Trade Secret Clause: Everything You Need to Know
A trade secret clause refers to a provision that prevents a company's trade secret from being disclosed to an unauthorized party.3 min read updated on January 01, 2024
Updated November 26, 2020:
A trade secret clause refers to a provision that prevents a company's trade secret from being disclosed to an unauthorized party. By keeping a trade secret confidential, such a clause enables a company to maintain an edge over its competitors.
While protecting a trade secret is important for the survival and success of a business, it also has certain limitations. It is essential that you carefully consider the pros and cons of a trade secret clause before you create one. Creating a non-disclosure agreement is one of the most common methods of protecting a trade secret.
What Is a Trade Secret?
A trade secret is a piece of information that a company considers valuable and wishes to keep confidential to gain and maintain a competitive advantage. Such information can be any of the following:
- Business plan
- Financial information
- Client list
- Unannounced product
For a piece of information to be legally regarded as a trade secret, it must meet the following requirements:
- It must be secret or shared confidentially among authorized parties.
- It must provide commercial value as a result of being secret.
- Its owner must have made reasonable efforts to keep it secret.
Many large companies take extreme measures to protect their trade secrets. For instance, it is believed that only two Coca-Cola executives know the secret recipe for the world-famous soft drink at any time. Regardless of whether this belief is true, the company certainly does not take the protection of its trade secret lightly.
Advantages and Disadvantages of Trade Secret Protection
When you are deciding whether to obtain trade secret protection, you should consider the pros and cons of doing so compared to other intellectual property tools.
- Does not involve any registration cost.
- Does not have a time limit.
- Becomes effective immediately.
- Does not require registration with or disclosure to the government.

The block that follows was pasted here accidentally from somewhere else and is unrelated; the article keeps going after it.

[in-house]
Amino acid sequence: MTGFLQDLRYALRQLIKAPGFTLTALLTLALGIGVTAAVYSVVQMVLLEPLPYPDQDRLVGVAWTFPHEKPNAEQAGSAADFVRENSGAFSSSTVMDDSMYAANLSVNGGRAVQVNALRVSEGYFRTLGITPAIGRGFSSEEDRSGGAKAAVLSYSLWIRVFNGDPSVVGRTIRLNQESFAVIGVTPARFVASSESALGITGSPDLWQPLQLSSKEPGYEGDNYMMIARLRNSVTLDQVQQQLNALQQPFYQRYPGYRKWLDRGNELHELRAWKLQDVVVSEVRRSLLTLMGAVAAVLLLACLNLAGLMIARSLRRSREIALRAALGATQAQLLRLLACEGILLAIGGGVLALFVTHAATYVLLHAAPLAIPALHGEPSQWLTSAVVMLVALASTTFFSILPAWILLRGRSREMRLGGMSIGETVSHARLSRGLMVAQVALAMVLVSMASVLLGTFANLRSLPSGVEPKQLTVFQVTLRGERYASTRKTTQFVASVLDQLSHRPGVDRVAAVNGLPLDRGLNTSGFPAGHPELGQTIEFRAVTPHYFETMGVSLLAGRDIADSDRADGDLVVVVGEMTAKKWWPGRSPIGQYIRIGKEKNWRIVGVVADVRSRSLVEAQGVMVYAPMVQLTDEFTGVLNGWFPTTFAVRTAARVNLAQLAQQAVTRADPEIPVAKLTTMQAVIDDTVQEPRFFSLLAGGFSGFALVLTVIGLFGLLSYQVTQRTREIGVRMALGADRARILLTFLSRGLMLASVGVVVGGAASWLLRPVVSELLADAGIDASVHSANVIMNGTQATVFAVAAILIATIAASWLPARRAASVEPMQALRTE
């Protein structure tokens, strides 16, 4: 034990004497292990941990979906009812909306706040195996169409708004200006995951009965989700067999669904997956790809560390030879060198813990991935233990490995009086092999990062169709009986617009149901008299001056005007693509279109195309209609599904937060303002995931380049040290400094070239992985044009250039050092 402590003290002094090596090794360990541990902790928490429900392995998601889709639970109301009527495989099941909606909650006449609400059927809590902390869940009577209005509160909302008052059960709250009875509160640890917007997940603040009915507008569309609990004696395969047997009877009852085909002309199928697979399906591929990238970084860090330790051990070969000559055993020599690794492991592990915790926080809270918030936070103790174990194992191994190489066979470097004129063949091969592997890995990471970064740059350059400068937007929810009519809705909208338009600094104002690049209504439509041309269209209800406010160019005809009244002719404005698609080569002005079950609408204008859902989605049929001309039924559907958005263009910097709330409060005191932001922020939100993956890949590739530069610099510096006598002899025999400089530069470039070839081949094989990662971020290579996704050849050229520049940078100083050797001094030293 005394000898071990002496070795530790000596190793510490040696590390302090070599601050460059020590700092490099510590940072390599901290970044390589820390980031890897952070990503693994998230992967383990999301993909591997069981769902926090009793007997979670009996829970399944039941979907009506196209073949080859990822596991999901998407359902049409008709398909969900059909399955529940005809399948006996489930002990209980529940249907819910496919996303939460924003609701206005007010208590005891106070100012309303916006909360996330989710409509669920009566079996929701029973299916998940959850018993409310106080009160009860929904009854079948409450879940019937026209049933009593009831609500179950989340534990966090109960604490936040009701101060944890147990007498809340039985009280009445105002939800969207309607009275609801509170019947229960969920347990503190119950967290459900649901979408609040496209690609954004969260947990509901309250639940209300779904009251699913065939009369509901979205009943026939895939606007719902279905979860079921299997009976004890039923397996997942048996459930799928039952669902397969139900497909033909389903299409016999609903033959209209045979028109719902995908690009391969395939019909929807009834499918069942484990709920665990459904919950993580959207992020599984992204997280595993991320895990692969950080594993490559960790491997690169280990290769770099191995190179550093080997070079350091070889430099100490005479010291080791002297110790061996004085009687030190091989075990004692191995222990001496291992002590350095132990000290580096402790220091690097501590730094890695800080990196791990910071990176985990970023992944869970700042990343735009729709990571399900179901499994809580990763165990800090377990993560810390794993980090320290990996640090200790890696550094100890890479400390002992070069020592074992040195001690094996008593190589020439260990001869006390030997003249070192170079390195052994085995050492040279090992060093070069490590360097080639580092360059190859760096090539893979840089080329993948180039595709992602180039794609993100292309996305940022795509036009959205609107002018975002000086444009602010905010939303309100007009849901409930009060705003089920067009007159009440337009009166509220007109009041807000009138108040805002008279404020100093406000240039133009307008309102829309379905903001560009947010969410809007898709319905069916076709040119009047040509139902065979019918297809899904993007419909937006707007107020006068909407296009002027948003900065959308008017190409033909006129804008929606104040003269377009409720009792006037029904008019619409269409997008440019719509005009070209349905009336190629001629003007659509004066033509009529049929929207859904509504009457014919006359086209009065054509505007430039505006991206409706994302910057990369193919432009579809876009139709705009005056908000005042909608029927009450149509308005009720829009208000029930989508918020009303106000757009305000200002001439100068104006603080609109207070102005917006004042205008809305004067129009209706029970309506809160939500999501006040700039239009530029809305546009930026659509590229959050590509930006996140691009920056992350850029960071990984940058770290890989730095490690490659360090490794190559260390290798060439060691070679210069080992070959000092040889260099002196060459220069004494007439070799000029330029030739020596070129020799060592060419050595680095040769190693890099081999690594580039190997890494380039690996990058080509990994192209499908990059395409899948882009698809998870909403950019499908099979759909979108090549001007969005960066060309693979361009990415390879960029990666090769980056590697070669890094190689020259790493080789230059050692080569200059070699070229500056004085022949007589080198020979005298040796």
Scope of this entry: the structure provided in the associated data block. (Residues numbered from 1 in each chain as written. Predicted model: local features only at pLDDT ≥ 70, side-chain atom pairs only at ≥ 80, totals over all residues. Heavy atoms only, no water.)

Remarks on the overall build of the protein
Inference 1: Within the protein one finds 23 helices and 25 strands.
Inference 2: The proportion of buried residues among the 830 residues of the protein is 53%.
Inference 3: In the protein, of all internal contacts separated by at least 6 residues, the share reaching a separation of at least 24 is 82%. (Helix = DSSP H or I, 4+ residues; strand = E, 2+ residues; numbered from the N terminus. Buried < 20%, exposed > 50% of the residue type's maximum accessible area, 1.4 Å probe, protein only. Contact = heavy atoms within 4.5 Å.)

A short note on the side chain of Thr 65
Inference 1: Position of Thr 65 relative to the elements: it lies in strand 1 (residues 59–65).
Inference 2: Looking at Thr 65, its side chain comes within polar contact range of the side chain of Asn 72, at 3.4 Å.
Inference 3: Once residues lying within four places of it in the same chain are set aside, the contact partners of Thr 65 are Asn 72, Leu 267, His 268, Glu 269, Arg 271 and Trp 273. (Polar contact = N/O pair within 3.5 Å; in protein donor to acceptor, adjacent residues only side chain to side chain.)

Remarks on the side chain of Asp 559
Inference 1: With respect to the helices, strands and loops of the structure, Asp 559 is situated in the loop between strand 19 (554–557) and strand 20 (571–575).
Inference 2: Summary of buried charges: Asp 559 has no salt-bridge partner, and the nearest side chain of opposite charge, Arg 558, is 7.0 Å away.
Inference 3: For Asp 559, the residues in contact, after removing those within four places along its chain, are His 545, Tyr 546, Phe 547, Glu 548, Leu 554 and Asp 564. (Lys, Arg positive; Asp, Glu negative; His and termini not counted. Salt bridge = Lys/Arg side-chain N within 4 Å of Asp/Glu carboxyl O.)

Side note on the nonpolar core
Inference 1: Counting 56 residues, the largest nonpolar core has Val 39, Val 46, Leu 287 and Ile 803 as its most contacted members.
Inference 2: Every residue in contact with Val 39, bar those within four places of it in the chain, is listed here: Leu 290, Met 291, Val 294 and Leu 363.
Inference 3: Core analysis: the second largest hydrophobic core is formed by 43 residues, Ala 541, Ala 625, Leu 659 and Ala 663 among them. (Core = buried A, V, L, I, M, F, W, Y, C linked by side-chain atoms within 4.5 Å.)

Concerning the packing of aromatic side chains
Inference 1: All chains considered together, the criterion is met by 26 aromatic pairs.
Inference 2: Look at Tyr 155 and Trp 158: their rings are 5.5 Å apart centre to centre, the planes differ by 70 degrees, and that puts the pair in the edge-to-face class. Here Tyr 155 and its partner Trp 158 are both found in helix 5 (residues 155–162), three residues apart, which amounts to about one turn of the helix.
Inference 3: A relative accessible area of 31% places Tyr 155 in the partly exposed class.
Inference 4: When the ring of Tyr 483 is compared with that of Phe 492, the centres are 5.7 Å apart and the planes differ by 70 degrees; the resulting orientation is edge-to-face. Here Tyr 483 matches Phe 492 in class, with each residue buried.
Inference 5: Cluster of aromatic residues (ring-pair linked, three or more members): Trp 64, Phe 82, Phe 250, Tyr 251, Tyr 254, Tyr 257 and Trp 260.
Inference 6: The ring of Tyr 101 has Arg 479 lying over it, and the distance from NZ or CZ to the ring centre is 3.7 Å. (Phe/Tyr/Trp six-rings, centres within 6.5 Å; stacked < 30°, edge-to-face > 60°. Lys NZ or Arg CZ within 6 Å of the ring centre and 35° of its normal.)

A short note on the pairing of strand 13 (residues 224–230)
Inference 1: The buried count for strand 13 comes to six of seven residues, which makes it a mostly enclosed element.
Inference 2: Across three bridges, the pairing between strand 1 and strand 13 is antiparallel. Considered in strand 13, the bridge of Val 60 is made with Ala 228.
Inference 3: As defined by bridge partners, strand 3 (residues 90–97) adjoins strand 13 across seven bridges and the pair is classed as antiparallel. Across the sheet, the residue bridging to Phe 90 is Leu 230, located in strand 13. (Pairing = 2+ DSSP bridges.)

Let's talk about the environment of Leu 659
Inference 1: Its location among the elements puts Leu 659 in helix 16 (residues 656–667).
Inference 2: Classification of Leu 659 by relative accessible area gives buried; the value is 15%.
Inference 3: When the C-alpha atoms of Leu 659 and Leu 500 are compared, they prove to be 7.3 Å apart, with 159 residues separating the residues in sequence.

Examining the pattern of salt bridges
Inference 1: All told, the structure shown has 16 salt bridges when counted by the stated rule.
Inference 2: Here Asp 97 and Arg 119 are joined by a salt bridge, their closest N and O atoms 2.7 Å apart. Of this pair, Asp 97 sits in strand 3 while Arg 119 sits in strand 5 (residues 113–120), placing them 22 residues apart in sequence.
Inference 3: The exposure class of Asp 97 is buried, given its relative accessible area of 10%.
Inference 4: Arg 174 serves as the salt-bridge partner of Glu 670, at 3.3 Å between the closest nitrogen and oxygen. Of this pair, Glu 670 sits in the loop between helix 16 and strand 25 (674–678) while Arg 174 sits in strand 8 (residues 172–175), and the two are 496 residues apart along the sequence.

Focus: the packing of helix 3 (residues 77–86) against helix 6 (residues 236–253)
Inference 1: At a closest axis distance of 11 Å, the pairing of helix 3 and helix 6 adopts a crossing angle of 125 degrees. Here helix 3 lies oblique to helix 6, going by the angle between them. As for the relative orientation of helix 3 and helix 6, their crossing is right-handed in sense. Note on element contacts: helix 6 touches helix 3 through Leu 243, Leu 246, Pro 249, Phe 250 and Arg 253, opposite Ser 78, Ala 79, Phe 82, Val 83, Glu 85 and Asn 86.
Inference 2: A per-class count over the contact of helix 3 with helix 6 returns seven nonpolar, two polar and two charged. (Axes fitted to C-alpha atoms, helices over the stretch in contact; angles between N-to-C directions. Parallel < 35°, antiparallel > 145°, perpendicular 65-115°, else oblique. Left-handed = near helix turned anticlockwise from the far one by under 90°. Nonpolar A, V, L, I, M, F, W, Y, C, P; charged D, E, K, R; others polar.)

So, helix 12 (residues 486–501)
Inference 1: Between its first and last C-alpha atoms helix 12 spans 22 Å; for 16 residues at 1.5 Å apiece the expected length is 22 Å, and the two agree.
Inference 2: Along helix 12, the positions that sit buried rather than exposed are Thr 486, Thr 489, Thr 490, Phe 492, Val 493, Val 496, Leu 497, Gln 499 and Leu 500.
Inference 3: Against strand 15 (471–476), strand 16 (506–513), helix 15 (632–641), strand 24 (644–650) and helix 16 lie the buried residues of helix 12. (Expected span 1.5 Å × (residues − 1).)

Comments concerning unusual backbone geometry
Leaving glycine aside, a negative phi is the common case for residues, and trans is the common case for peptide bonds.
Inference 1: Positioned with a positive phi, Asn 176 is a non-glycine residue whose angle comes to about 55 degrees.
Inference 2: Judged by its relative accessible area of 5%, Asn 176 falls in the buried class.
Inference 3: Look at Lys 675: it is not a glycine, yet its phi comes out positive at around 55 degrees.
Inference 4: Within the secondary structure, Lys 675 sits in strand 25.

- Does not protect against reverse engineering if the secret is embodied in a product.
- Not attainable if the confidential information is publicly disclosed.
- Only valid against improper acquisition, use, or disclosure of the secret.
- Provides weaker protection than a patent.
- Does not provide protection against infringement by people or businesses that independently conceive the same idea.
How to Protect a Trade Secret
In today's world, the rapid rate at which information is duplicated and shared makes the task of protecting a trade secret significantly more challenging. To meet the challenge, you need to take the following actions:
- Identify all your trade secrets and implement a policy and program to protect them.
- Educate your employees about the purpose and importance of trade secrets, and clearly explain the policy and program to them.
- Carefully decide which employees have to know or use your trade secrets, and restrict access to the information on a “need to know or use” basis.
- Apply technological and physical restrictions to trade secret access.
- Restrict and monitor public access to places where your trade secrets are kept.
- Mark all documents that contain your trade secrets as “secret” or “confidential” to prevent accidental or inadvertent disclosure.
- Sign confidentiality agreements with every employee or external party who has direct or indirect access to your trade secrets.
Using a Non-disclosure Agreement
Also known as a confidentiality agreement or a trade secret agreement, a non-disclosure agreement (NDA) is a legally enforceable agreement that obligates the parties involved to keep certain information secret. This type of agreement can be used as a tool for protecting a trade secret or ordinary confidential information.
However, an NDA may be void if it is considered a restraint of trade. Basically, a restraint of trade happens if the covenantor's future ability to conduct trade with parties who are not involved in the contract is restricted. Unlike a public policy, it is regarded as prima facie void and only rebuttable if there is evidence showing the restraint is reasonable.
The covenantee is the party responsible for proving reasonableness. He or she must show that the restraint of trade is in the interest of the contracting parties and the public and does not exceed the extent necessary to protect their interest.
You should include an NDA clause in all kinds of contracts, whether you are entering into an agreement with:
- A customer
- A shareholder
- An employee
- A temporary employee
- An intern
- Anybody else who may come into contact with your trade secrets.
If you need help creating a trade secret clause, you can post your legal need on UpCounsel's marketplace. UpCounsel accepts only the top 5 percent of lawyers to its site. Lawyers on UpCounsel come from law schools such as Harvard Law and Yale Law and average 14 years of legal experience, including work with or on behalf of companies like Google, Menlo Ventures, and Airbnb.